It seems every technology company is hiring right now. At my day job, I interview at least one candidate every day. When I’m not interviewing people, I’m receiving emails and phone calls and LinkedIn requests from other technology companies who need my help. While it’s very flattering to be in high demand, I’m humble enough to realize that it’s not about me. The truth is there simply aren’t enough software people to go around. I think we can (and should) fix that.
I’ve always referred to myself as “self-taught”. I’ve learned everything I know about software (and hardware, and networking, and security, etc) outside of a classroom. My first job at a technology company flipped a switch in my brain. I immediately fell in love with the creative nature of software development. This new-found passion grew into an insatiable appetite for understanding, and I read and experimented at a feverish pace. All of this motivation and initiative, while respectable, does not make me “self-taught”.
The truth is that no one can teach themselves. If I’m honest in my self assessment, I can list dozens of teachers who helped mold me into the technologist I am today. I’ve had hundreds of conversations and whiteboard sessions with some of the most brilliant minds around. I’ve worked thousands of hours, paired with real “rock stars” solving incredibly difficult problems. I’ve read books and websites and spent countless late nights of fighting with compilers… all of which were written by someone else. I am where I am today because I stood on the shoulders of giants. And so did you.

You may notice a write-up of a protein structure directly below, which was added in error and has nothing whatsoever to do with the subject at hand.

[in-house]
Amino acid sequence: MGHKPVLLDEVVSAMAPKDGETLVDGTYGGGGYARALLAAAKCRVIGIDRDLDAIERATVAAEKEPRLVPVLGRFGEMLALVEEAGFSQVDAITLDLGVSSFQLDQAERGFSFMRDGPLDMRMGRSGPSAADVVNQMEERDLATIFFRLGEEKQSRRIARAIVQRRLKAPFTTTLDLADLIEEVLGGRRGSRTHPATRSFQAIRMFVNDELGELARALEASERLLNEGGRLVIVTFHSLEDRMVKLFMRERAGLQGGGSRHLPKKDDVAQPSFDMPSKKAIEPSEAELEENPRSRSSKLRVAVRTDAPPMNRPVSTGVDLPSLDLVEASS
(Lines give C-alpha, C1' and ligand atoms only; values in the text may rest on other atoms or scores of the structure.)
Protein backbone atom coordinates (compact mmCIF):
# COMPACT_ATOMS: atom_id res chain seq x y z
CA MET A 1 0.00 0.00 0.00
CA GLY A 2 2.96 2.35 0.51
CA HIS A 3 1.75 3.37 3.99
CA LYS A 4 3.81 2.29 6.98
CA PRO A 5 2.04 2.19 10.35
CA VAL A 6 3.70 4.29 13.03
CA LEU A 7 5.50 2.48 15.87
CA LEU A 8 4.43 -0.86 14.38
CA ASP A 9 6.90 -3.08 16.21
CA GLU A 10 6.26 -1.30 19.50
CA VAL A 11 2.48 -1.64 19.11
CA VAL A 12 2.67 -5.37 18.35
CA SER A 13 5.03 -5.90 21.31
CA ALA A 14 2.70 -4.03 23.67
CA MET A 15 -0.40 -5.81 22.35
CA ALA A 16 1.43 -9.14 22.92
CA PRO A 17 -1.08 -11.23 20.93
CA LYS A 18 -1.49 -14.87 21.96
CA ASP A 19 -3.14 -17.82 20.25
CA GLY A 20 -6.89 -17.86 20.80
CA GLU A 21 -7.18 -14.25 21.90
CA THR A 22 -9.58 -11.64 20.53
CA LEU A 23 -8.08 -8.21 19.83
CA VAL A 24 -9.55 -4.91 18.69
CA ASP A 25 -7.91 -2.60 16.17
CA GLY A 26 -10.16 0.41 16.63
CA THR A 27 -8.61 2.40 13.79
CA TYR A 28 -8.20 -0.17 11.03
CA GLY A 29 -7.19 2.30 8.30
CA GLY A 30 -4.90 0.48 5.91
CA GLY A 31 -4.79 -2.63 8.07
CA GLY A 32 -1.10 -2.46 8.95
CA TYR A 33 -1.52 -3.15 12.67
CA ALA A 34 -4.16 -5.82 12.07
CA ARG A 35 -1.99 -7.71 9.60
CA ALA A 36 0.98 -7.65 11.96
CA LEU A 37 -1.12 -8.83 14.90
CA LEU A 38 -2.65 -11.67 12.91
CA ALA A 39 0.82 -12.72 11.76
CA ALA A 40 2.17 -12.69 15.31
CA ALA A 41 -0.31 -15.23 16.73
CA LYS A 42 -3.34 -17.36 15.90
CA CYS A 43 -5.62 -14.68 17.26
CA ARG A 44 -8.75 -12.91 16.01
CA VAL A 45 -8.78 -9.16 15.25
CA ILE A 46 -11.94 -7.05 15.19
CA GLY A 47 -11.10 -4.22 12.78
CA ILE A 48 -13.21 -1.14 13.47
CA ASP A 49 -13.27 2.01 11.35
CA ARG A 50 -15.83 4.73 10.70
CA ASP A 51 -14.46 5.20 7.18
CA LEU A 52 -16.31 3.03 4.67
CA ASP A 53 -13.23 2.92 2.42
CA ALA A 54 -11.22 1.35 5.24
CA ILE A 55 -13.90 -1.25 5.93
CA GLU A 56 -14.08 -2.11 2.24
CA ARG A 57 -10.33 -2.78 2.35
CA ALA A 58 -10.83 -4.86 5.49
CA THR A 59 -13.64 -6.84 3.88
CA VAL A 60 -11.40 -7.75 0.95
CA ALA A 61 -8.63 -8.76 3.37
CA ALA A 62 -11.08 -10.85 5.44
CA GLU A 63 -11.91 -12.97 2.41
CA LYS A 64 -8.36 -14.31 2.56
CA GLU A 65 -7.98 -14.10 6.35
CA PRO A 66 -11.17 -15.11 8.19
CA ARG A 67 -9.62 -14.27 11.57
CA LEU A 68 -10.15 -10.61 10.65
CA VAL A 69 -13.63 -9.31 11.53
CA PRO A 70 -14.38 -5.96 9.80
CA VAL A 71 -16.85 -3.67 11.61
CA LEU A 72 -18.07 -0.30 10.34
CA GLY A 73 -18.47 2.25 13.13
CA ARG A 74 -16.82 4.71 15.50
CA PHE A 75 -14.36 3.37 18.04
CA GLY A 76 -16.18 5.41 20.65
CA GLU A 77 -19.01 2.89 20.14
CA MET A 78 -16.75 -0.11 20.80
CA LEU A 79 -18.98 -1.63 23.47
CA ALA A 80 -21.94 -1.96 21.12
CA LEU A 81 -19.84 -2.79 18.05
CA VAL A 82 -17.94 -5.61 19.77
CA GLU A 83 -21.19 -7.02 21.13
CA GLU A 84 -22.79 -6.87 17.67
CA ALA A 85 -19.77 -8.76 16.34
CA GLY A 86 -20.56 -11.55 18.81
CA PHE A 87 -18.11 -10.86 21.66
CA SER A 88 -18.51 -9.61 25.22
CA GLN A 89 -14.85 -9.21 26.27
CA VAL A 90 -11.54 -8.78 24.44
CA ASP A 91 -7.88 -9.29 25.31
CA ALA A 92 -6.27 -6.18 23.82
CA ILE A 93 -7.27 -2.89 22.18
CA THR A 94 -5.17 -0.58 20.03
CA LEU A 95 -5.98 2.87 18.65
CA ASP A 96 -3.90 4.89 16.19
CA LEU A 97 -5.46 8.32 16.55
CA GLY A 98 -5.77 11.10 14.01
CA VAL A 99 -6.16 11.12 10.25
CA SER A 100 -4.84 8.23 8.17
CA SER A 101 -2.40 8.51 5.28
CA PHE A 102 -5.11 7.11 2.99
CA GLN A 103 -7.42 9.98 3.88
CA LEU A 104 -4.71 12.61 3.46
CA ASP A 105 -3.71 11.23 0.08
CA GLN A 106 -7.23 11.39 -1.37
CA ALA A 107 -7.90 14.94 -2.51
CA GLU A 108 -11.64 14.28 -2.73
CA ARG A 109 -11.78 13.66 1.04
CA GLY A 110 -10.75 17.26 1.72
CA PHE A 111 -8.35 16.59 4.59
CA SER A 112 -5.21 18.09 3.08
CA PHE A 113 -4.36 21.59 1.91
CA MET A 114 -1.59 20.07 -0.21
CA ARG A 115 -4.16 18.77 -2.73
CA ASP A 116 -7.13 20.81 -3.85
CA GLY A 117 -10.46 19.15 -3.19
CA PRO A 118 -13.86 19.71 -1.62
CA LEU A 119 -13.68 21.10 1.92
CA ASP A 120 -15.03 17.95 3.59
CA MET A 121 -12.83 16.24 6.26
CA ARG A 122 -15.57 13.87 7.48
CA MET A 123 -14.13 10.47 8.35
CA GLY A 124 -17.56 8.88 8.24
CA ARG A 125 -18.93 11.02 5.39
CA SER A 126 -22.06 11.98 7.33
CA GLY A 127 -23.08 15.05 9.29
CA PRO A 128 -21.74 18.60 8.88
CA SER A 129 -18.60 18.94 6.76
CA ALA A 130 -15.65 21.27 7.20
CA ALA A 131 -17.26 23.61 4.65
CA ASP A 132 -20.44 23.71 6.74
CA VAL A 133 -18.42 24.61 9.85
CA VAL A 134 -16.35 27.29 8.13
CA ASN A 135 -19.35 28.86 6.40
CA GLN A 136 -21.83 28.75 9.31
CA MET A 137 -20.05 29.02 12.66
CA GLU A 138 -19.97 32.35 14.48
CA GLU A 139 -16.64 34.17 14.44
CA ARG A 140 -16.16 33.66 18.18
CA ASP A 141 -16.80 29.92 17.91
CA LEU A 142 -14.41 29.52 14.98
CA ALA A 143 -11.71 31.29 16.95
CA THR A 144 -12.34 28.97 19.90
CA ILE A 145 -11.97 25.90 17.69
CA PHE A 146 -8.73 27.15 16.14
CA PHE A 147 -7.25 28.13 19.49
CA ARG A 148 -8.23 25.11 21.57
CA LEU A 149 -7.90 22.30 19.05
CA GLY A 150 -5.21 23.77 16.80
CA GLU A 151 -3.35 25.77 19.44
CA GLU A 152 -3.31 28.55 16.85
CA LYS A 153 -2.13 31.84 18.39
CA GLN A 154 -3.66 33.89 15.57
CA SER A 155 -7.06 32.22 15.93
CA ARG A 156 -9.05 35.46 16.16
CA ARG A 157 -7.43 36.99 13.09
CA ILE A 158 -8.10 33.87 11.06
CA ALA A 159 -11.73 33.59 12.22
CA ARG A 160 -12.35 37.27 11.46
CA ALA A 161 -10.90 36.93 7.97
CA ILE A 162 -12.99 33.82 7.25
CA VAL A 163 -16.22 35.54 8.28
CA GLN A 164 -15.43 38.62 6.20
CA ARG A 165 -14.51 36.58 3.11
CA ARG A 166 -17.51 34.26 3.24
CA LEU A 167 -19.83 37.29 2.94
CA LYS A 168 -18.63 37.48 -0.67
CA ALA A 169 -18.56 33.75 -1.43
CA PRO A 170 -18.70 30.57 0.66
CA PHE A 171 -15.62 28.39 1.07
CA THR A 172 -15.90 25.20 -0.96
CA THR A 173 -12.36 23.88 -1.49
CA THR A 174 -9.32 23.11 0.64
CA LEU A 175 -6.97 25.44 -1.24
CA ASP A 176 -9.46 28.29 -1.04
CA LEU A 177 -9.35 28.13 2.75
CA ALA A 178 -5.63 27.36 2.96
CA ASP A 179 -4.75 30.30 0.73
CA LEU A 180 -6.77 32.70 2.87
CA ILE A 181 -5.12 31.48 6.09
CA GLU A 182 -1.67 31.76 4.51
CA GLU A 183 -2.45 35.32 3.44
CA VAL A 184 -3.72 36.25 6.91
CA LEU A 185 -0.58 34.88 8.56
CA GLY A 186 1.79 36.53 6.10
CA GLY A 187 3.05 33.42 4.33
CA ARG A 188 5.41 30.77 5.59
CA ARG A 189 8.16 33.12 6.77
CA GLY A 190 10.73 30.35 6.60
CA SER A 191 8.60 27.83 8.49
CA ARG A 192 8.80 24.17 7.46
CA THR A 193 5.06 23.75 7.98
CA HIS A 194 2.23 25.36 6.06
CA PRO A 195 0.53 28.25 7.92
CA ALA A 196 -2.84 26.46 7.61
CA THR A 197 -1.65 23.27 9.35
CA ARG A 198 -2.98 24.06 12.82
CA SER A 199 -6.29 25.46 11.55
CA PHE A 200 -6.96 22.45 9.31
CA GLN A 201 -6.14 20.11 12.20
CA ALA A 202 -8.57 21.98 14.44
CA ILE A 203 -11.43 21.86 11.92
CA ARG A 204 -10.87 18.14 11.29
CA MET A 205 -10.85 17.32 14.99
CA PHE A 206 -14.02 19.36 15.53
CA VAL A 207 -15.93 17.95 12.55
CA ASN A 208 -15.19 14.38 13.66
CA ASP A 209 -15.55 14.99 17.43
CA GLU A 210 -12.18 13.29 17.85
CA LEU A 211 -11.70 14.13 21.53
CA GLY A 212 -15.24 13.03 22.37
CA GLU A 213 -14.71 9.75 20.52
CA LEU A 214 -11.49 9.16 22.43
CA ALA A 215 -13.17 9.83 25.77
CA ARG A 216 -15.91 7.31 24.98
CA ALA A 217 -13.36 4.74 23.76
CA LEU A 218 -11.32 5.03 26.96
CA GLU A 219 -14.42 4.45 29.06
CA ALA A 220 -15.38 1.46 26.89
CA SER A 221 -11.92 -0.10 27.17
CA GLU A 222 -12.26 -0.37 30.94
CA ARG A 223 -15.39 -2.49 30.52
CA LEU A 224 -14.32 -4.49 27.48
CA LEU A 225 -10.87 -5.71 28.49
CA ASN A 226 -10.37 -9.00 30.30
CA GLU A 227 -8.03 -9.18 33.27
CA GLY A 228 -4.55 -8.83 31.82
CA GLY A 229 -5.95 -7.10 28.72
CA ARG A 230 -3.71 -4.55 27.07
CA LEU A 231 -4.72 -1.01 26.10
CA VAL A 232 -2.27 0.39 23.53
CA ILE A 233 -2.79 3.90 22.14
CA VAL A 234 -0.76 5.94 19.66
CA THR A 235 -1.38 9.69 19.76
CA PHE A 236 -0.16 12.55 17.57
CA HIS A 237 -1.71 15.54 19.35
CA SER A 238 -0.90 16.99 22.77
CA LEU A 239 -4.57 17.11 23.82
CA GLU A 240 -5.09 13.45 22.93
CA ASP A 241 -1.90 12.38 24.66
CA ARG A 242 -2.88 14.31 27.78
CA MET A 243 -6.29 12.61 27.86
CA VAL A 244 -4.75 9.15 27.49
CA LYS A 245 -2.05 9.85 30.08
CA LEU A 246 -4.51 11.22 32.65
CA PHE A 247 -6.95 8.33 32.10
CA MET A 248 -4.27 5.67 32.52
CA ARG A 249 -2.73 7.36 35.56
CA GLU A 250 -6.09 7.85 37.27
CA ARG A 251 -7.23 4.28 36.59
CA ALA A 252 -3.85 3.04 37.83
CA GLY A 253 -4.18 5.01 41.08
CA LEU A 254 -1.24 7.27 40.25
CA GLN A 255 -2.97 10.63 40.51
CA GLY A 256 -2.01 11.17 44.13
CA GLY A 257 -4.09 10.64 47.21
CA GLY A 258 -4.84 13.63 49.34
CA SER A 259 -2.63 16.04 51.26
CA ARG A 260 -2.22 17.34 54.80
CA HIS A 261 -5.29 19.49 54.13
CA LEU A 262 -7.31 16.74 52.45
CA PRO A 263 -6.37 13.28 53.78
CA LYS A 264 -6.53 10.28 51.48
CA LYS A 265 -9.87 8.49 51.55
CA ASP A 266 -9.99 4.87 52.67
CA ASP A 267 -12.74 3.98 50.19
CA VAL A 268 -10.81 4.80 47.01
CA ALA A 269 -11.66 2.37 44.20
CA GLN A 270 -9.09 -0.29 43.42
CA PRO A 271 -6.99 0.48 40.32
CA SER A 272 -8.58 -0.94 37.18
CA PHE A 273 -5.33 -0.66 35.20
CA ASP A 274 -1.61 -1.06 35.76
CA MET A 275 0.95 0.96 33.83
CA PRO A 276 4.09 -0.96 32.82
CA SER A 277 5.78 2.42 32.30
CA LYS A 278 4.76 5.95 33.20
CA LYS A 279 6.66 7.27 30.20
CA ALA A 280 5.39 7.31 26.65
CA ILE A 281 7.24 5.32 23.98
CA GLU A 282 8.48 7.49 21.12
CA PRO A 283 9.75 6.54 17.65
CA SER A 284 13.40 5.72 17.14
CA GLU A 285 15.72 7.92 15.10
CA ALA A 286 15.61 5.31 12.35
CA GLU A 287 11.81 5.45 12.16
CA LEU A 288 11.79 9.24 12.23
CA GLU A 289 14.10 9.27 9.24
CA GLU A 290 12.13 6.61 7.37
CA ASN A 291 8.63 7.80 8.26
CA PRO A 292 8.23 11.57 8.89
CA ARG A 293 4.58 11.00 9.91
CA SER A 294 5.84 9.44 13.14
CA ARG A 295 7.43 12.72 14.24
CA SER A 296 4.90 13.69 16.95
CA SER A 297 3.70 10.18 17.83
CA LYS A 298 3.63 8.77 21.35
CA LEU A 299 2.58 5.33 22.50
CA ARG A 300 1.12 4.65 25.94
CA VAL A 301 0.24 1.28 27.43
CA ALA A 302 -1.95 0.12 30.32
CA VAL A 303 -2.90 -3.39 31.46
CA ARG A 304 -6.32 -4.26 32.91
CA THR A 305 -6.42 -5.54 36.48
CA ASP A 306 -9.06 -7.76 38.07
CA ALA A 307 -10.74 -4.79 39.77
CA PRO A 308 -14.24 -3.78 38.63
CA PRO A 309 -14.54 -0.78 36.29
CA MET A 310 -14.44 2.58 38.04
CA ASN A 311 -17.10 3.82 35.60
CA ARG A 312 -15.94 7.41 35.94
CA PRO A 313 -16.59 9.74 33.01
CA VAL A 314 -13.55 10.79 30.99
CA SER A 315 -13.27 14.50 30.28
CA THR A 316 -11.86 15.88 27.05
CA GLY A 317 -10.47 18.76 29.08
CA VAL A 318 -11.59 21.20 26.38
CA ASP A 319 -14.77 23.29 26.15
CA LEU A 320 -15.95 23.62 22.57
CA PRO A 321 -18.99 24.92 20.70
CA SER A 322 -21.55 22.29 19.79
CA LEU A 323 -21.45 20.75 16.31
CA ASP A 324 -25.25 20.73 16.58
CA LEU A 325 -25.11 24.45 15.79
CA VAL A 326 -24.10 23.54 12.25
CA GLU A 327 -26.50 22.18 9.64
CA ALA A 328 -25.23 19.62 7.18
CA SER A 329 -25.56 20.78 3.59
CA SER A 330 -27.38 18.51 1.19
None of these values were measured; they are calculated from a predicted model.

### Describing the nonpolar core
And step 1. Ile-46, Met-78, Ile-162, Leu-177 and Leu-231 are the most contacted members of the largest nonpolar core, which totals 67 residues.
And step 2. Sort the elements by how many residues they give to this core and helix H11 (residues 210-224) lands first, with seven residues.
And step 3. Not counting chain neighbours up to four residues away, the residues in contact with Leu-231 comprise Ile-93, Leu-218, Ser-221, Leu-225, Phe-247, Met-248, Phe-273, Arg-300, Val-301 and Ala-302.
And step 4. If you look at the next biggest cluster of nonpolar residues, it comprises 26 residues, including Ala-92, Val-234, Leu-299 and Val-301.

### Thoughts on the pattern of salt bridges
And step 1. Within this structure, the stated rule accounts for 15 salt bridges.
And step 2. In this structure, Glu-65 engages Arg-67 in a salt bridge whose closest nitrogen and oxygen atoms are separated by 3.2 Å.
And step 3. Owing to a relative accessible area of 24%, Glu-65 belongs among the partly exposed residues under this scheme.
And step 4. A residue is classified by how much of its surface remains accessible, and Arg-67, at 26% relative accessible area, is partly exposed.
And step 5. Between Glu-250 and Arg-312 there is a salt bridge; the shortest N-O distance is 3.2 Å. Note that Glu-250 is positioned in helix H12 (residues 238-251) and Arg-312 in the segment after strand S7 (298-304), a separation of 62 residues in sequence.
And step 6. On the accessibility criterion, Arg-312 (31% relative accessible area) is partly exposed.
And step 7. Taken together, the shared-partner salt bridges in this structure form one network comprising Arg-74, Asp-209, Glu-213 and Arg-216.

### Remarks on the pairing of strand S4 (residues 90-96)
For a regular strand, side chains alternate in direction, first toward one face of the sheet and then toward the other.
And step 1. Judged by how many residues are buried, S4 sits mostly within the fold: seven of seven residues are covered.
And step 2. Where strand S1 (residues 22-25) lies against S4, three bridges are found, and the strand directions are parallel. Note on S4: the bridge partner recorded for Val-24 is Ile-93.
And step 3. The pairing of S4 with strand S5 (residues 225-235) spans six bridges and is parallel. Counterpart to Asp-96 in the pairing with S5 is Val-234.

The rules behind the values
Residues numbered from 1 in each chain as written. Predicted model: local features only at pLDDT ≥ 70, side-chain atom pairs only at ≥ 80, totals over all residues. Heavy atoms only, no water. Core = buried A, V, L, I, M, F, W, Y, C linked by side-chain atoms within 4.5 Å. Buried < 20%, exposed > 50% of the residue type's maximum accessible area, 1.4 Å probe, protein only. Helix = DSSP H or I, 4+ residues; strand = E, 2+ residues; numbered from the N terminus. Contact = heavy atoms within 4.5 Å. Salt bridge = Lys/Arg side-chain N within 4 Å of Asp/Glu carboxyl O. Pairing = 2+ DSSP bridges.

There’s a cartoon that I’ve seen several times on the web. It’s one of those funny-because-it’s-true situations. In it, an HR person is complaining about the difficulty of their charge: “We’re looking for someone with the wisdom of a 50-year old, the experience of a 40-year old, the drive of a 30-year old and the payscale of a 20-year old.” They almost have it right. Where it breaks down, I’d argue, is that your company (and mine) already has plenty of wise 50-year olds, experienced 40-year olds, and driven 30-year olds. What we should be looking for are young people who can benefit from our existing strengths. We don’t need wisdom, experience, or drive. We need a future.
If we are going to keep the explosive growth going in the technology sector, it is our responsibility to provide a new generation with shoulders to stand on. We can no longer afford to be shortsighted, seeking the perfect fit for a job that is described in two full pages of acronym soup. We must take the long view. We have to grow our own software talent. Not just because we can’t find them elsewhere, but because it is our responsibility. We don’t have to make this happen overnight, though. We can start solving this problem just like we did when we were getting started in this game. We can conduct a simple experiment.
If you are involved in the hiring process at your company, I propose you stop focusing on resumes, skills, and experience. The next time you can influence a hiring decision, look for attitude and aptitude. In my experience, the most difficult quality to find is passion. A close second is optimism. Find those two qualities, and make your move. My prediction for how this will work out? It’s hard to say, but I’ll bet on one of two outcomes:
- Your new hire will save the company money (experience is expensive), make a positive impact on culture (a zeal for learning is infectious), and re-engage your seasoned veterans (there’s no hiding from passion).
- You’ll find out that the high-priced, experienced specialist is the only type of worker who can help your company, and you’ll have to seriously reconsider your ability to scale your business.
Are you willing to give it a try?